Sometimes, the future can be easy to predict. The Islamic State of Iraq and Greater Syria (ISIS) will continue to terrorize the Middle East and North Africa. Vladimir Putin’s Russia won’t back down in Ukraine or quit lashing out against the West. And of course, there will also be plenty of geopolitical risks that will come out of nowhere, like the sudden volatility in global oil markets.
Yet sometimes the biggest surprises are the false alarms—the overrated risks that end up nowhere near as disastrous as everyone assumed. They’re what I call a ‘red herrings’: risks that are largely expected to materialize, but that I predict it won’t pan out in 2015.
In a world where we get whipsawed by headlines and hyperbole, risks both real and overblown, it’s important to make bold predictions for some of the so-called major threats that won’t disrupt the world—at least not the way we think. I’ve outlined the biggest four.
1. The Islamic State
In 2015, the influence of ISIS will continue to grow. It has become the most powerful terrorist group in the world, eclipsing al-Qaeda, with funds and fresh recruits flowing in rapidly. As a brand, as a terrorist organization and as a regional menace, ISIS is on the rise.
But as a sovereign state, ISIS will not achieve similar success in 2015. The group will fail to expand the territory under its direct control, and it’s even likely to cede ground in Iraq and Syria. The U.S., potent Shia militias, Kurdish peshmerga forces, the Iraqi army and Sunni tribal forces will combine to contain the Islamic State’s power over the next year. Even though its influence will prove long-lasting, ISIS will not replicate the stunning military successes it demonstrated in the summer of 2014, nor create a caliphate that can be sustained over the long term.
2. Asia Nationalism
In Asia, strong, nationalistic leaders can seem like a geopolitical disaster waiting to happen. Take Japan and China, with their conflicting claims to the Senkaku/Diaoyu islands in the East China Sea. The animosities run deep: in a recent Pew Research poll, only 7% of Japanese held a favorable view of China, while just 8% of Chinese viewed Japan positively.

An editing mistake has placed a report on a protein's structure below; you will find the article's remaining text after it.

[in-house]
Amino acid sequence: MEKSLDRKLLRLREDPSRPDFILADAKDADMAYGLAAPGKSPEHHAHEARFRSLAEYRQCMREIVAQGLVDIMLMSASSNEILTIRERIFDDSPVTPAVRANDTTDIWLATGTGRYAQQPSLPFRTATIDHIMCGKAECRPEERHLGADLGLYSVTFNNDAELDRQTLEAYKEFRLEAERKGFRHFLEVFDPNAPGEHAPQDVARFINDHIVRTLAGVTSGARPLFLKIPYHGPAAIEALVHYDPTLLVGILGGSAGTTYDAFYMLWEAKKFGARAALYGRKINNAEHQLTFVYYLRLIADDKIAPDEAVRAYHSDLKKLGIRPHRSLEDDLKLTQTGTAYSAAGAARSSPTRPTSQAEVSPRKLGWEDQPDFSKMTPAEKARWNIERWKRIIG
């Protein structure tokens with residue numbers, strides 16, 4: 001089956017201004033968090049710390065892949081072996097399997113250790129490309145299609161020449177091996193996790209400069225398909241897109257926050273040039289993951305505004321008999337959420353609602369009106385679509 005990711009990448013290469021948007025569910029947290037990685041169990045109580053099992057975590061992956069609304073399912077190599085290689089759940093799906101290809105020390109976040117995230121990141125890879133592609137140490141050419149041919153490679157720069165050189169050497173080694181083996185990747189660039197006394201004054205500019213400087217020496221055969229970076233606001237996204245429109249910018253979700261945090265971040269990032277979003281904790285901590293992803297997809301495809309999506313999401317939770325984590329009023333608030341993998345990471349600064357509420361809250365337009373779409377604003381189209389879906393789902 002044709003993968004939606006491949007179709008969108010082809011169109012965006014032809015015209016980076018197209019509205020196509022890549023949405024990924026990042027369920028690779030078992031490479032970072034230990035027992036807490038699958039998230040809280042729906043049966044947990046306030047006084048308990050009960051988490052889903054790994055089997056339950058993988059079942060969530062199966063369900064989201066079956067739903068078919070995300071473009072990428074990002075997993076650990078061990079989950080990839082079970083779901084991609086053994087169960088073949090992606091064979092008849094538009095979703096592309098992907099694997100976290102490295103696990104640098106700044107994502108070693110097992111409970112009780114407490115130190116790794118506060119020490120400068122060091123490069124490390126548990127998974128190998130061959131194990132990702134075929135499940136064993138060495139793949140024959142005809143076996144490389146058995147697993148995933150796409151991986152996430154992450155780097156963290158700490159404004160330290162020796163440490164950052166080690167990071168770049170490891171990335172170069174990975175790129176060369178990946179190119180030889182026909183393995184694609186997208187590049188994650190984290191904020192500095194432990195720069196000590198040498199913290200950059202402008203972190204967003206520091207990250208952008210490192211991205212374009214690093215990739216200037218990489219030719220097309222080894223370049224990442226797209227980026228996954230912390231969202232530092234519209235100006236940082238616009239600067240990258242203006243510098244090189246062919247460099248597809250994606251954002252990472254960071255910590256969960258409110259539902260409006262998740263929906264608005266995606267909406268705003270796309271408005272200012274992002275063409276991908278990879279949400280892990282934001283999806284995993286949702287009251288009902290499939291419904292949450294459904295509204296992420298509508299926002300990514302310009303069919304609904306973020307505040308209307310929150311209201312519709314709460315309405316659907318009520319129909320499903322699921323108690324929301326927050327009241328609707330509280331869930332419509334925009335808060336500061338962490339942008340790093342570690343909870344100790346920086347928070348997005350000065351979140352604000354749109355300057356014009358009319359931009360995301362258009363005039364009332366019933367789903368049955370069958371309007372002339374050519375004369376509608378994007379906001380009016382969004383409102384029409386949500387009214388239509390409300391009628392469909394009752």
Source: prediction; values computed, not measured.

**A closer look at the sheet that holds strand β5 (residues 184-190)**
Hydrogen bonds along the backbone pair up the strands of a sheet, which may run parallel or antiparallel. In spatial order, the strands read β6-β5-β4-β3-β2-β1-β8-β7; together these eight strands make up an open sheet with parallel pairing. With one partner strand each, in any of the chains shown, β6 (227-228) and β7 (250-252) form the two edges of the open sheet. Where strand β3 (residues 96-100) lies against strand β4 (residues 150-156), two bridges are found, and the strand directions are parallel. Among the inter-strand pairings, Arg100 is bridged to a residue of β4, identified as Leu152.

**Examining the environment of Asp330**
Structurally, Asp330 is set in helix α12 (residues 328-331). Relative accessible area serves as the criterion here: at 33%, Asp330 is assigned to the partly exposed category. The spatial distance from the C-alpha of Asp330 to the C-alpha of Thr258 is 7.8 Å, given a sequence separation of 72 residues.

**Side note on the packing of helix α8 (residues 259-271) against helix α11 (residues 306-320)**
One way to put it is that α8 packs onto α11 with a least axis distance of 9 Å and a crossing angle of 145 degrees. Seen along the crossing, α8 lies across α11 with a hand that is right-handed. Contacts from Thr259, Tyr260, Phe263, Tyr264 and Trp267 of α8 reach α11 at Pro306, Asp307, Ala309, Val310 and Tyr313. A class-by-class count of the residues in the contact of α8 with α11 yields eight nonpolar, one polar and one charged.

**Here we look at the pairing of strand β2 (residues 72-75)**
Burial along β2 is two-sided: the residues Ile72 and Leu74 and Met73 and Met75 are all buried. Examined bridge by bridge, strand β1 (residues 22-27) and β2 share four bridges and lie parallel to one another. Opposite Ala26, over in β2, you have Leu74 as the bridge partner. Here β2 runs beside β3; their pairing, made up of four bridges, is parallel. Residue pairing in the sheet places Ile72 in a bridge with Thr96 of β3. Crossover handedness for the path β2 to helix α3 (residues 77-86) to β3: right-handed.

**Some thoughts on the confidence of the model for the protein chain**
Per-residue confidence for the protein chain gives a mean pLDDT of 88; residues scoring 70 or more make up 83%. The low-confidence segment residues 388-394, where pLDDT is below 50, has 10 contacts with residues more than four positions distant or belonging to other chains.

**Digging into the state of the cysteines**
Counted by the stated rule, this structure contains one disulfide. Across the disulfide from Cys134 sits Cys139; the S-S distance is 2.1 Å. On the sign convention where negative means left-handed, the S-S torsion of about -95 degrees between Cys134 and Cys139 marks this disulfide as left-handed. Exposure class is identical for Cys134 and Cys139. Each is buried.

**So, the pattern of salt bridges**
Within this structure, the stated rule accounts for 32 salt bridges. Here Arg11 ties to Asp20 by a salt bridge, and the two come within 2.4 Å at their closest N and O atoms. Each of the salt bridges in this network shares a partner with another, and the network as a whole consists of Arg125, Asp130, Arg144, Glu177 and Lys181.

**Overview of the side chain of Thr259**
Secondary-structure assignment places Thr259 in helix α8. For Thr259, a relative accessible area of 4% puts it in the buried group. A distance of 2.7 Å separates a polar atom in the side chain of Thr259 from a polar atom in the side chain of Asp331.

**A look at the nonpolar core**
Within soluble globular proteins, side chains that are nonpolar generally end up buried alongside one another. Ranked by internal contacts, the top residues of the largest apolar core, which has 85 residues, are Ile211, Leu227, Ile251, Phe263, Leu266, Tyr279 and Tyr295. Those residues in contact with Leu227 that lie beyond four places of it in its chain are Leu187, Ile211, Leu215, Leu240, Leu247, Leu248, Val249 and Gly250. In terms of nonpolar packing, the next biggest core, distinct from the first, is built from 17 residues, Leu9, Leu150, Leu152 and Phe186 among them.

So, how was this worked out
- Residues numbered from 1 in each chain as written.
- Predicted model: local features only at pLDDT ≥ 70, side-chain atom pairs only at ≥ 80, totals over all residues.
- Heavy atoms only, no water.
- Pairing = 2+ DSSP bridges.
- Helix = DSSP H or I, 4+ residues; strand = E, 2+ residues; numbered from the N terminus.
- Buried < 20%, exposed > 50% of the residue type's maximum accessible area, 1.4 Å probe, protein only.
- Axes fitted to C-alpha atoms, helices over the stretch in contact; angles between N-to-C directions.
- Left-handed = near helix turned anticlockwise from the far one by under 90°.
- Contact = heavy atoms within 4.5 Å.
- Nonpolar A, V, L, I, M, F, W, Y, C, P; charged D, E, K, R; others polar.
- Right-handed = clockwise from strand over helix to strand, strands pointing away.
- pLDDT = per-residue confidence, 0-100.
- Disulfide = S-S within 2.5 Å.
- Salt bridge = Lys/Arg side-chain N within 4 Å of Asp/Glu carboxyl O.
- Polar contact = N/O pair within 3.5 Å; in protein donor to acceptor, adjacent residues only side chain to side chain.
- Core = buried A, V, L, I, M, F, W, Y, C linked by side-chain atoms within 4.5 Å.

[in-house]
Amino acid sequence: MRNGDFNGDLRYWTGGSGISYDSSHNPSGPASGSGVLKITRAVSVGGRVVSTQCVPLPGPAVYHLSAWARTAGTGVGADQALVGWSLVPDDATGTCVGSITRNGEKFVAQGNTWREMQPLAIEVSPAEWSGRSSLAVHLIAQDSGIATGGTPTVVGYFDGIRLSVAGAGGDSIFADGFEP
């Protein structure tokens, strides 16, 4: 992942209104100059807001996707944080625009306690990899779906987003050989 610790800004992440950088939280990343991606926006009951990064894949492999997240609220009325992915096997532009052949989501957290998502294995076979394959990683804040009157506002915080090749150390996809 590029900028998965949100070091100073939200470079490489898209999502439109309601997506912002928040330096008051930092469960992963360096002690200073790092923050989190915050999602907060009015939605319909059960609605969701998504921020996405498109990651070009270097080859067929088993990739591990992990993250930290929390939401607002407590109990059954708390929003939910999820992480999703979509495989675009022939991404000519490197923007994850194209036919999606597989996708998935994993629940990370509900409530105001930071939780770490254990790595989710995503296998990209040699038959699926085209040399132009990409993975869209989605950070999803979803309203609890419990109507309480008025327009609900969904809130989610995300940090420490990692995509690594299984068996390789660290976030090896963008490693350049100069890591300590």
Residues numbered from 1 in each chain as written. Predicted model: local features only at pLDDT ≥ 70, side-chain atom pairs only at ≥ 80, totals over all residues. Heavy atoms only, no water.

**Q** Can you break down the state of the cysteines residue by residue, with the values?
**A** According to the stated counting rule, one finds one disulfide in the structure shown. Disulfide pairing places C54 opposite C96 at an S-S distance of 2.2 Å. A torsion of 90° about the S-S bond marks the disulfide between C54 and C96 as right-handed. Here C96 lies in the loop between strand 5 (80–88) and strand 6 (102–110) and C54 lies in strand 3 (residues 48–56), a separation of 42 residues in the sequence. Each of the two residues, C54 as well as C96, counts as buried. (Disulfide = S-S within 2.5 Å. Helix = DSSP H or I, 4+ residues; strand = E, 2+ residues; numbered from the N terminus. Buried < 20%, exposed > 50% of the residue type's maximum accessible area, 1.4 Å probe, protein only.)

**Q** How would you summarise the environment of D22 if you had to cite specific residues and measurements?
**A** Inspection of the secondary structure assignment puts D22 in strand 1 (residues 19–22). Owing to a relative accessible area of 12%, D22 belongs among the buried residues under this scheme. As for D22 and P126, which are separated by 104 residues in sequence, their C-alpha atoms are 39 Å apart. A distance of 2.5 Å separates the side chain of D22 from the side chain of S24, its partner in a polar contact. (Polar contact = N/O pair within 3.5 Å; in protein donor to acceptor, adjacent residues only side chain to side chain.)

At least for 2015, however, pragmatic restraint should prevail. Stronger, more popular leaders in four of Asia’s key economies—China’s Xi Jinping, India’s Narendra Modi, Japan’s Shinzo Abe and even Indonesia’s new President Joko Widodo—all have their hands full with long-overdue economic reforms. With their focus turned to home, they have good reason to avoid foreign distractions, improve their regional economic ties, keep security relations in balance and contain any inevitable flare-ups. There will be scuffles, but don’t expect soaring tensions between the economic powerhouses of Asia.
There’s no way to ignore the relentless slide in oil prices, which have fallen by more than half since June. For consumers enjoying cheaper gasoline, it’s a welcome relif. For countries like Saudi Arabia, Russia, and Iran—authoritarian petrostates that rely on oil exports as an economic lifeline—there’s a growing expectation that both their geopolitical weight and even their internal stability could be severely compromised in 2015.
It’s unlikely to happen. We’ll probably see a modest recovery in oil prices, but even if we don’t, massive cash reserves give many of these countries a lot of room for maneuver in the short-term. After all, Saudi Arabia has contributed to the oil price collapse by opting against a production cut. Nor will their foreign policies budge much: cheaper oil won’t make Russia pull out of Ukraine or Iran accept worse terms in nuclear negotiations. The notable exception is Venezuela, which may very well default if oil prices remain low. Yet in 2015, don’t expect petrostates to die out.
Mexican President Enrique Pena Nieto has his hands full. He’s fighting off accusations of financial impropriety involving his wife and his finance minister. Economic growth has been anemic. Many Mexicans, outraged by the murder of 43 college students who were handed over to drug lords by a local mayor, feel that the government hasn’t lived up to its commitments to improve security.
Despite the storm clouds, though, it should be a reasonably positive year for Mexico. Pena Nieto still has the popularity and the determination to push forward with economic reforms in the telecom and energy sectors. The President’s weakness has mainly benefited the right-of-center National Action Party (PAN), which generally supports his agenda. If he can make progress on his reforms, it will have a huge impact on Mexico’s productivity and competitiveness, which will help attract large-scale investment from abroad. Combine that with an economic rebound in the U.S. as well as improving cross-border trade, inbound investment and tourism numbers, and Mexico could be a bright spot for 2015.
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Of course, for every false alarm, there are plenty of real and underappreciated threats. If pessimism suits you better, my last column focuses on the ten biggest risks of 2015.
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